ATCC Member Profile
Ron Ditner is a Past ATCC President, Show Chairman, Fun Match Organizer and currently volunteers as the ATCC Trophy Case Designer and Constitutional Advisor.
My Life With Airedales
Having been in Airedales for some twenty-nine years, I now look back and examine the broad panorama of people, places and dogs. If you were to ask me what memorable moment is fixed in my memory, I would say many. Examples of these would be the first time I looked at eleven shiny wet newborn bundles, or some of the hard fought wins, it could be a line of beautiful Airedales being presented to you for examination. Equally it might be the camaraderie experienced while grooming to go into the ring, a shared meal at a pub off-site after the judging, or even a rewarding discussion on the merits of some of the dogs you have known.
Ron Ditner and Stoneridge Tairecote
(at Barrie Specialty, 1983)
Photo courtesy of Ron Ditner
However, I believe I would consider the moment of greatest portent would have to be the decision to join the ATCC. This opened the door to getting to know at least ten dogs. It gained you a legion of mentors, always eager to share their experience. You joined a society of devotees who met at the most unlikely sites at the most uncivil time of the day, many times in inclement weather. The thread that bound all of this together was our shared interest the Airedale.
One of the most interesting holidays afforded us was by way of an invitation to be the guest of the Hanks in Kent, England, the home of their Perrancourt Kennel. We selected the time of the year when we could attend at least three certificate shows. Paul took us to six or seven well known kennels, which led to sharing several Club functions, the most unique of which was a barge party hosted by the South of England Club.
I have purchased dogs from Scotland, England, USA, and breeders here in Canada. The breeders I have dealt with were George Wright in Scotland, Paul and Dot Hanks in England, Janet Framke in the USA, Henk Bennik, Ron Hobkirk, Ron Madeleine Worthington, and Bill Greenwood in Canada. In other cases, we took a female for breeding to Bobby Brennans in Boston and sent one to Peter Green, as well as breeding to Canadian males.
Mary El and I have been ATCC members since 1975 and were members of The KW Kennel Club, an all-breed club in Kitchener. Mary El has held a dozen or more volunteer positions in the ATCC, while I have only held a few. We held a number of positions on the Show Committee executive of the KW Club including Show Chairman. I undertook the qualifications to become a Judge. After fulfilling the required preliminaries, I managed to be licensed to judge the first half of Group Four. However, I lost interest in going further and resigned.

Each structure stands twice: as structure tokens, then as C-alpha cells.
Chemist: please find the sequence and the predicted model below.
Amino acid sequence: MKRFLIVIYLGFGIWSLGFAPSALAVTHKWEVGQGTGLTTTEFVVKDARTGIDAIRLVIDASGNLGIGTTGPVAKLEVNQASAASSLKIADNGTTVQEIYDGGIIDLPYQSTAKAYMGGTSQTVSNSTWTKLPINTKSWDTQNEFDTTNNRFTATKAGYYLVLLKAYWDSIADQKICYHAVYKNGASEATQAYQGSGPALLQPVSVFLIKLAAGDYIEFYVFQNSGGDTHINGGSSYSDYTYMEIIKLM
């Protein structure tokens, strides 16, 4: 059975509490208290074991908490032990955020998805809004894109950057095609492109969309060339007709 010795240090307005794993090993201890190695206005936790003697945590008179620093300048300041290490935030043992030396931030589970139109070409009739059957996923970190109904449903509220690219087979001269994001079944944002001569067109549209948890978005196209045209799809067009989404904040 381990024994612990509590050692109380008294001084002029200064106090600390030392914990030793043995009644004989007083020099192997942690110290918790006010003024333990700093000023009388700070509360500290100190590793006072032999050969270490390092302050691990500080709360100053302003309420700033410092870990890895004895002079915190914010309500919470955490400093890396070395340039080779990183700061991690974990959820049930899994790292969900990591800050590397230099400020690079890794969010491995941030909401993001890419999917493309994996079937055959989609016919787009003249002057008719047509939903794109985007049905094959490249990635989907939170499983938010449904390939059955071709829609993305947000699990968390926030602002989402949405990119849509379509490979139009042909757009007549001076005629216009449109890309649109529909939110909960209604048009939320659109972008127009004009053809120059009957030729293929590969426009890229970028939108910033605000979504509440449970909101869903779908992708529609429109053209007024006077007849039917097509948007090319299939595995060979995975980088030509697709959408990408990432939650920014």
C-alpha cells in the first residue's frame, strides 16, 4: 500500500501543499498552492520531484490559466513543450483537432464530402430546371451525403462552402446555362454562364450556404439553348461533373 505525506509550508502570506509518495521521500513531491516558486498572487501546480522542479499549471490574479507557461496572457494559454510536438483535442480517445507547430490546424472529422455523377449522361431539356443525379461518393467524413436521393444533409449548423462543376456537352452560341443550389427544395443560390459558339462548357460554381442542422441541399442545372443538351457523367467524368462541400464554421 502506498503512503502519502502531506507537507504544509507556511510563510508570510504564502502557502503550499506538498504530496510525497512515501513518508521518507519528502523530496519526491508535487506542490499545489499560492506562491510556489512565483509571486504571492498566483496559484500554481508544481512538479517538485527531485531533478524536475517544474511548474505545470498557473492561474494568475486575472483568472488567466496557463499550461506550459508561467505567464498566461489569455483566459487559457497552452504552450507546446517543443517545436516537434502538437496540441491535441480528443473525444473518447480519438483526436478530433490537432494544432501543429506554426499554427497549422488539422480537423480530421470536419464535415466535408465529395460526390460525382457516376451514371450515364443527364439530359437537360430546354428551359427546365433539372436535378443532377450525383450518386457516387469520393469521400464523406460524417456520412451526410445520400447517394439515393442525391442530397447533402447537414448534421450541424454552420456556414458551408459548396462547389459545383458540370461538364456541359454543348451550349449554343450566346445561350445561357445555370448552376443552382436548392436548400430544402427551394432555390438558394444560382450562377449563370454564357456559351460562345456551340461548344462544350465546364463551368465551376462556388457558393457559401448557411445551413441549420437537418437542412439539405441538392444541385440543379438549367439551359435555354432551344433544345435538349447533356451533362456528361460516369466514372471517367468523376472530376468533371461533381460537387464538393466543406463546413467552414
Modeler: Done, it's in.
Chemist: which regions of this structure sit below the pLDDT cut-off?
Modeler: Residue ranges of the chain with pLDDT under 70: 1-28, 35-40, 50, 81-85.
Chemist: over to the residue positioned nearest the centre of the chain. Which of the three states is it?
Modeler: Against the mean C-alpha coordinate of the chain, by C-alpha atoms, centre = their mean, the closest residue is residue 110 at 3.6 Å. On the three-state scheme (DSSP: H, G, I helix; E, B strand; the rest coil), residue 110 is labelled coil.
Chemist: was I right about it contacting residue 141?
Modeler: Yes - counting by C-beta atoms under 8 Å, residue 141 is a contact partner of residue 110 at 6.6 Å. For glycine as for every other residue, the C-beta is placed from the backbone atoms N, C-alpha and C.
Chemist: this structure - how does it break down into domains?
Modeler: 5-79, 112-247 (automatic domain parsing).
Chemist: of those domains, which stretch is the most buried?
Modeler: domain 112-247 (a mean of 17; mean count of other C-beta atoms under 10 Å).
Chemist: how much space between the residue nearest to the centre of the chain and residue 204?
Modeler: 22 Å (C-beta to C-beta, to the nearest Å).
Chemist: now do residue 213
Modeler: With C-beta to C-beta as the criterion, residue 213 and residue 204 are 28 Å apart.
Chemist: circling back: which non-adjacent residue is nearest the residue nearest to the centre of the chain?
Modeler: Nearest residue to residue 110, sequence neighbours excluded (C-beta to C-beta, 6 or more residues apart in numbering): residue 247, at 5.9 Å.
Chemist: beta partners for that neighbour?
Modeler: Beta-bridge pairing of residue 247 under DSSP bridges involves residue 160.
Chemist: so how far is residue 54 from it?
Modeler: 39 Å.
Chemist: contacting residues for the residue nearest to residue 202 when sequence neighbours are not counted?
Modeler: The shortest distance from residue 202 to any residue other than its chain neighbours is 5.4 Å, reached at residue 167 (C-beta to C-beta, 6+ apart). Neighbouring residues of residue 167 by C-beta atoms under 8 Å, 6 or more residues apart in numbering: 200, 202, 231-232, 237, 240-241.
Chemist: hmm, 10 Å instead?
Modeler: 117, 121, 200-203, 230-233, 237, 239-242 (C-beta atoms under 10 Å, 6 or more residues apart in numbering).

With the first dog we showed, we involved our youngest daughter as her handler for most of her show career. Two of our daughters kept two of our dogs as pets after completion of their showing. Probably the most enjoyable event was one that I shared with my old male, Ch. Tairecote TNT CD Ten. It was to try to educate him in the tenets of Obedience when he was seven years old. It took a fair amount of endurance on both our parts, but we achieved a CD. No matter how I encouraged him to speed his actions, he maintained a deliberate pace. One of the judges performing her duties said to me, quietly, There is an advantage to working a senior citizen! Obviously, Ten and I were kindred spirits.
Ron and Mary El Ditner with Fionn
Photo courtesy of Kelly Wood
Another facet of being involved in showing and breeding is to co-own a dog with another Airedale fancier. I have experienced this on two separate occasions. The first was with Ron Hobkirk where we bought a Scottish female through Knut Eckberg. She lived with me, Ron showed and finish groomed her, allowing me to observe his intense attention to detail. The second is Fionn, the male that Kelly Wood co-owns with me. Once again, he lives with Mary El and me, and Kelly grooms and shows him. The result is self explanatory he is groomed to perfection and is performing magnificently for her. With her experience, she is able to pay more attention to planning his career than I ever could at this stage in my life. This in itself offers rewards in sharing knowledge and skills that are unique to each individual.
In our experience of having lived with a good number of the King of Terriers there is no other breed that we would consider. However, for any prospective owner, I would recommend that you learn as much as you are able about the Airedale. He is not a breed for just anyone, and if you listen and observe the dogs of an experienced owner/breeder, you too can enjoy the experience of an Airedale owner, which will be unlike any other.
Ron and Mary El Ditner
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